Fresh row erupts, riders applying in Colombia previously had visas for Giro start in Belfast declined

UCI Professional Continental outfit Team Colombia says that it may have to pull out of the Tour of Turkey, which starts on Sunday. It claims that the British Embassy in Rome has failed to return eight riders’ passports that had been submitted to its consular section as part of an application for visas for next month’s Giro d’Italia, which starts in Northern Ireland.

In a statement published yesterday on its website, the team, which had been due to fly to Turkey today, said that despite applying for fast-track visas for the UK, the rider’s passports had not been returned.

Team manager Claudio Corti said: “We accompanied eight riders to Rome on April 10th and 14th and paid a significant extra-charge for the urgent procedure that should have guaranteed our passports would be returned within five days.

“Instead, the UK Embassy still holds the documents, without giving us any motivation, and in spite of the great comprehension and solidarity showed by Tour of Turkey’s Director Ahmet Ozgan, we might be forced to skip this race.”

He added that the delay was also casting uncertainty over the team’s participation in the Giro d’Italia, which begins in Belfast a fortnight today.

“Right now, we do not know where our riders’ passports are – whether in the Embassy’s offices in the UK or travelling somewhere – nor we can predict when they might be returned. It is an absurd situation that might even jeopardise our Giro d’Italia participation,” he added.

As reported here on road.cc earlier this week, four riders from Colombia had visa applications rejected when they applied for them at the British Embassy in their home country’s capital, Bogota.

Racing commitments mean that three of them – Team Colombia’s Carlos Quintero and Jarlinson Pantano, plus Trek Factory Racing’s Julien Arredondo – without a UK visa. They reportedly plan on securing them once in Europe.

A fourth, national champion and 2012 Giro stage winner Miguel Rubiano, stayed behind to resubmit his application which has now been granted. A visa has also finally been granted to Omega Pharma-Quick Step’s Rigoberto Uran, runner-up in last year’s race and winner of an Olympic silver medal at London 2012.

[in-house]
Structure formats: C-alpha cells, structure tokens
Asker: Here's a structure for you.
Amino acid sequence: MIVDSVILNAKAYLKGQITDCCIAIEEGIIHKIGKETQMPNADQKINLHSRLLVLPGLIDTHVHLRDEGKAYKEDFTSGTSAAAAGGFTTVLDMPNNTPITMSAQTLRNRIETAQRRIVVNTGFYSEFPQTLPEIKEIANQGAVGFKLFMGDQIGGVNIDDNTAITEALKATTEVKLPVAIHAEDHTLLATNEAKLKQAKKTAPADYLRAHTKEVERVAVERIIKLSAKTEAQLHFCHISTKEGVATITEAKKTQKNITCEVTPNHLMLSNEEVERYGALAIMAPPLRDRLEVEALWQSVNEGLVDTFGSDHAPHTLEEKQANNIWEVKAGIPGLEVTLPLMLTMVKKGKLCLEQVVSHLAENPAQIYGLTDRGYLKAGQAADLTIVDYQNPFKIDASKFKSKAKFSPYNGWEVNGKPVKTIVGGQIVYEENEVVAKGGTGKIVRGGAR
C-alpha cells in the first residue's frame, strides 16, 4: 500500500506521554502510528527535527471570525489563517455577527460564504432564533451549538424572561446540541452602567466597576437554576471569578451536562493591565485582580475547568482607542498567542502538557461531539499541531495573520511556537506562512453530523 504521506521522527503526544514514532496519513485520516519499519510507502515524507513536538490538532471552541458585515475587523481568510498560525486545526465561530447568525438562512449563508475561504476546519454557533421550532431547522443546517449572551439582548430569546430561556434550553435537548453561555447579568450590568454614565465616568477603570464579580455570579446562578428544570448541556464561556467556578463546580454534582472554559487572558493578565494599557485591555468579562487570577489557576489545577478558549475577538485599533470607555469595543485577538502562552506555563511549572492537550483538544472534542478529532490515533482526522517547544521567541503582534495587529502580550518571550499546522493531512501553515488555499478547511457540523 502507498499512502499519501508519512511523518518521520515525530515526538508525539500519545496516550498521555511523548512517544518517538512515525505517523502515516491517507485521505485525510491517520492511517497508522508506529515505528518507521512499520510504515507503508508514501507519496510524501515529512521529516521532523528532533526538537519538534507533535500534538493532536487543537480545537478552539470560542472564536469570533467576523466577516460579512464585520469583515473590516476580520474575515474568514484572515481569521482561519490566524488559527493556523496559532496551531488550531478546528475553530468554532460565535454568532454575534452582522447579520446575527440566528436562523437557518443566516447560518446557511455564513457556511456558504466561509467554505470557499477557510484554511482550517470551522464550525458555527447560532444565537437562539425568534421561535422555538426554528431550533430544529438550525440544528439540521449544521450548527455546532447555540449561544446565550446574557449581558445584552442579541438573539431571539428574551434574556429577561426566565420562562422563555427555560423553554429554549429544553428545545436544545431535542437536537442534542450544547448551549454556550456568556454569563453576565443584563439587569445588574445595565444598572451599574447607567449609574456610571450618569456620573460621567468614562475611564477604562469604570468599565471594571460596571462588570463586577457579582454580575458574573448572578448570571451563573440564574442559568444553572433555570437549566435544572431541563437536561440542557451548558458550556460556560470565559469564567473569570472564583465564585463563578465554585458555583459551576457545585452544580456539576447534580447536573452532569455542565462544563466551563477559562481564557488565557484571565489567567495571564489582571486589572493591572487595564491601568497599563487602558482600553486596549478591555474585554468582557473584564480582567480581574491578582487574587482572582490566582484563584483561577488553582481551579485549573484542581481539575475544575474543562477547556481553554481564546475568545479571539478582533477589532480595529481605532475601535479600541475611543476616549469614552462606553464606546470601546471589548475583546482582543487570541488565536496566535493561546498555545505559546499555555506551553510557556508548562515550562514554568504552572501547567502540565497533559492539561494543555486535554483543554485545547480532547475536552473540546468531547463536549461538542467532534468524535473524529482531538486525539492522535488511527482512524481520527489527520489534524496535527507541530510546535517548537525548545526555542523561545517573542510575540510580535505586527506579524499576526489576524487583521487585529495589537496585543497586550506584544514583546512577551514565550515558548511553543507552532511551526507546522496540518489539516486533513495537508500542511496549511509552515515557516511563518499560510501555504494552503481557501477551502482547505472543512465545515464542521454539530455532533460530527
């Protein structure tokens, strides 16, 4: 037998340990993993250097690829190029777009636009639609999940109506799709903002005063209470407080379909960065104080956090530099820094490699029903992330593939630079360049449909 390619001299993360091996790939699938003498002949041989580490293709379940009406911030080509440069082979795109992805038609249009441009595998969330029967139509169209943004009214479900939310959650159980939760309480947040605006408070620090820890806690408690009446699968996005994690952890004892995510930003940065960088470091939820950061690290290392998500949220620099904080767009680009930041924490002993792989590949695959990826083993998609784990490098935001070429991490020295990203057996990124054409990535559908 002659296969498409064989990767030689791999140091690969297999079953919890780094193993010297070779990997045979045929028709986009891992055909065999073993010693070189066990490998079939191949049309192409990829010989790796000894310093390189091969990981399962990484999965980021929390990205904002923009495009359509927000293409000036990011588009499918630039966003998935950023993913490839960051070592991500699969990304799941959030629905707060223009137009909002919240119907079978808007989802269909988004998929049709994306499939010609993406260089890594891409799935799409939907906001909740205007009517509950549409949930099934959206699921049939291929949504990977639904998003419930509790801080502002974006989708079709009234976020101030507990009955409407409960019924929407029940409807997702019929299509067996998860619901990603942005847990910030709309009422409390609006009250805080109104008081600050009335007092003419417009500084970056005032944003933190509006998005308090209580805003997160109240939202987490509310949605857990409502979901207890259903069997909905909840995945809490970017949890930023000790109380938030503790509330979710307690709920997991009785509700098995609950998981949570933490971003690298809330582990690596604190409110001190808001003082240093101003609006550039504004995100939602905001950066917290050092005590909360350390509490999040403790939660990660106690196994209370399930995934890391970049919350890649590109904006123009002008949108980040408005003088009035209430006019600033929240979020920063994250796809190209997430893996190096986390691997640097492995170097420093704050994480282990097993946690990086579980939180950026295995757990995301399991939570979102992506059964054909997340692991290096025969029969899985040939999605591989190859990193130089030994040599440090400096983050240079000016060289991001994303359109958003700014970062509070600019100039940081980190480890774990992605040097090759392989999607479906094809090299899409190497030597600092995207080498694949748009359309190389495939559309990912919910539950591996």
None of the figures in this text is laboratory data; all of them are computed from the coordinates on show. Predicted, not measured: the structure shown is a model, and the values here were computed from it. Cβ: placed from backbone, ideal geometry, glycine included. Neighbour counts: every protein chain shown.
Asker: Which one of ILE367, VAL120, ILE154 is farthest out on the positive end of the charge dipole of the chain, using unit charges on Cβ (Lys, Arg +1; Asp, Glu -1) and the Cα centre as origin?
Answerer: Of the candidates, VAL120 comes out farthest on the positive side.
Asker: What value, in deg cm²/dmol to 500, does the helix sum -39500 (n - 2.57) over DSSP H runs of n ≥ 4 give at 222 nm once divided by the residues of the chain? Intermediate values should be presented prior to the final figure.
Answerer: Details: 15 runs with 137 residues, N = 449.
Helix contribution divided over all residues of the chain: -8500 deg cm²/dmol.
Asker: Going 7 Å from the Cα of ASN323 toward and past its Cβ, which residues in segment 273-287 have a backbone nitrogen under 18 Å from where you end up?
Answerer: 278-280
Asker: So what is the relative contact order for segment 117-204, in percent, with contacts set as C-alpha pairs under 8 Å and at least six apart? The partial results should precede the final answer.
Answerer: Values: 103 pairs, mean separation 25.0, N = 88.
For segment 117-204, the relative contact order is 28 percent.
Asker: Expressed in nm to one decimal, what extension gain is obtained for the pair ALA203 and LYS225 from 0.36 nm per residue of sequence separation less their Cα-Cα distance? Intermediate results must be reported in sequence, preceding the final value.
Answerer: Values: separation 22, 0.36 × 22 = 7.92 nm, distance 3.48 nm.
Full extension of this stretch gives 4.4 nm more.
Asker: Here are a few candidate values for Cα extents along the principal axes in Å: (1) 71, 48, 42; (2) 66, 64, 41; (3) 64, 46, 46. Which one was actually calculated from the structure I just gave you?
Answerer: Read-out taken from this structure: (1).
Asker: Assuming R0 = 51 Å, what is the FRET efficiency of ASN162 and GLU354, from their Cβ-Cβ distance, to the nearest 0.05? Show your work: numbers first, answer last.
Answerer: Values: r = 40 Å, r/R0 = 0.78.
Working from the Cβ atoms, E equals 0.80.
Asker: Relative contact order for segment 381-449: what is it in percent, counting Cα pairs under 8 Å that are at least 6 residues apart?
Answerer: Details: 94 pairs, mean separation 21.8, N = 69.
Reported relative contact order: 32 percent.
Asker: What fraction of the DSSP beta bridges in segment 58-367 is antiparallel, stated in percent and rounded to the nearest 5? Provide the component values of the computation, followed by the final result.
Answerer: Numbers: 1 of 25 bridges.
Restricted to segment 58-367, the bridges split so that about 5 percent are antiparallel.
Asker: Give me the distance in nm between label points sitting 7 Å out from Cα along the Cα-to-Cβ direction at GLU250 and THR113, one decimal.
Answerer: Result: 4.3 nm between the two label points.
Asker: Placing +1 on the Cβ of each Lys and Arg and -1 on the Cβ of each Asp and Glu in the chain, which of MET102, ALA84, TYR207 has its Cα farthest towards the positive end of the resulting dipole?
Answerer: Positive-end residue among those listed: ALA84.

Reasons for rejecting the visas were that the three for the Team Colombia riders had been submitted on the incorrect form, while in the case of Arredondo – who despite jetlag finished 11th in Wednesday’s Fleche Wallonne – lack of knowledge of English and the failure of paperwork from Giro organisers RCS Sport were reported to be involved.

The identity of the eight riders whose passports have not been returned in Rome has not been disclosed. Due to the timings of the applications, it’s highly unlikely that Quintero or Pantano, currently racing in the Giro di Trentino in Italy, would have been among them given that they were in Colombia during or after the dates the applications were made.

In a statement issued on Wednesday, the British Embassy in Colombia said: “The UK is proud to be the stage for a number of global sporting events, and in May 2014 is delighted to welcome cyclists from around the world during the opening of Giro di Italia [sic].

“The Embassy can confirm that four Colombian cyclists who have applied for UK visas to compete in the competition have already had their applications approved in Bogota. The remaining Colombian participants will apply for their visas in the proper category in our Europe offices.”

However, Colombian cycling blog La Cadenilla (The Chain) has claimed on Twitter that the statement was misleading.

At that point, it says, seven applications had been made but with Rubiano’s not yet reviewed, only three had been granted – to Lampre Merida’s Winner Anacona, Team Colombia’s Robinson Chalapud, and Uran.

One of the race favourites, Tour de France runner-up Nairo Quintana of Movistar, was already in possession of a visa for the UK.

We have asked Team Colombia for an update and we are also seeking clarification from the UK Embassy in Rome.

Born in Scotland, Simon moved to London aged seven and now lives in the Oxfordshire Cotswolds with his miniature schnauzer, Elodie. He fell in love with cycling one Saturday morning in 1994 while living in Italy when Milan-San Remo went past his front door. A daily cycle commuter in London back before riding to work started to boom, he's been news editor at road.cc since 2009. Handily for work, he speaks French and Italian. He doesn't get to ride his Colnago as often as he'd like, and freely admits he's much more adept at cooking than fettling with bikes.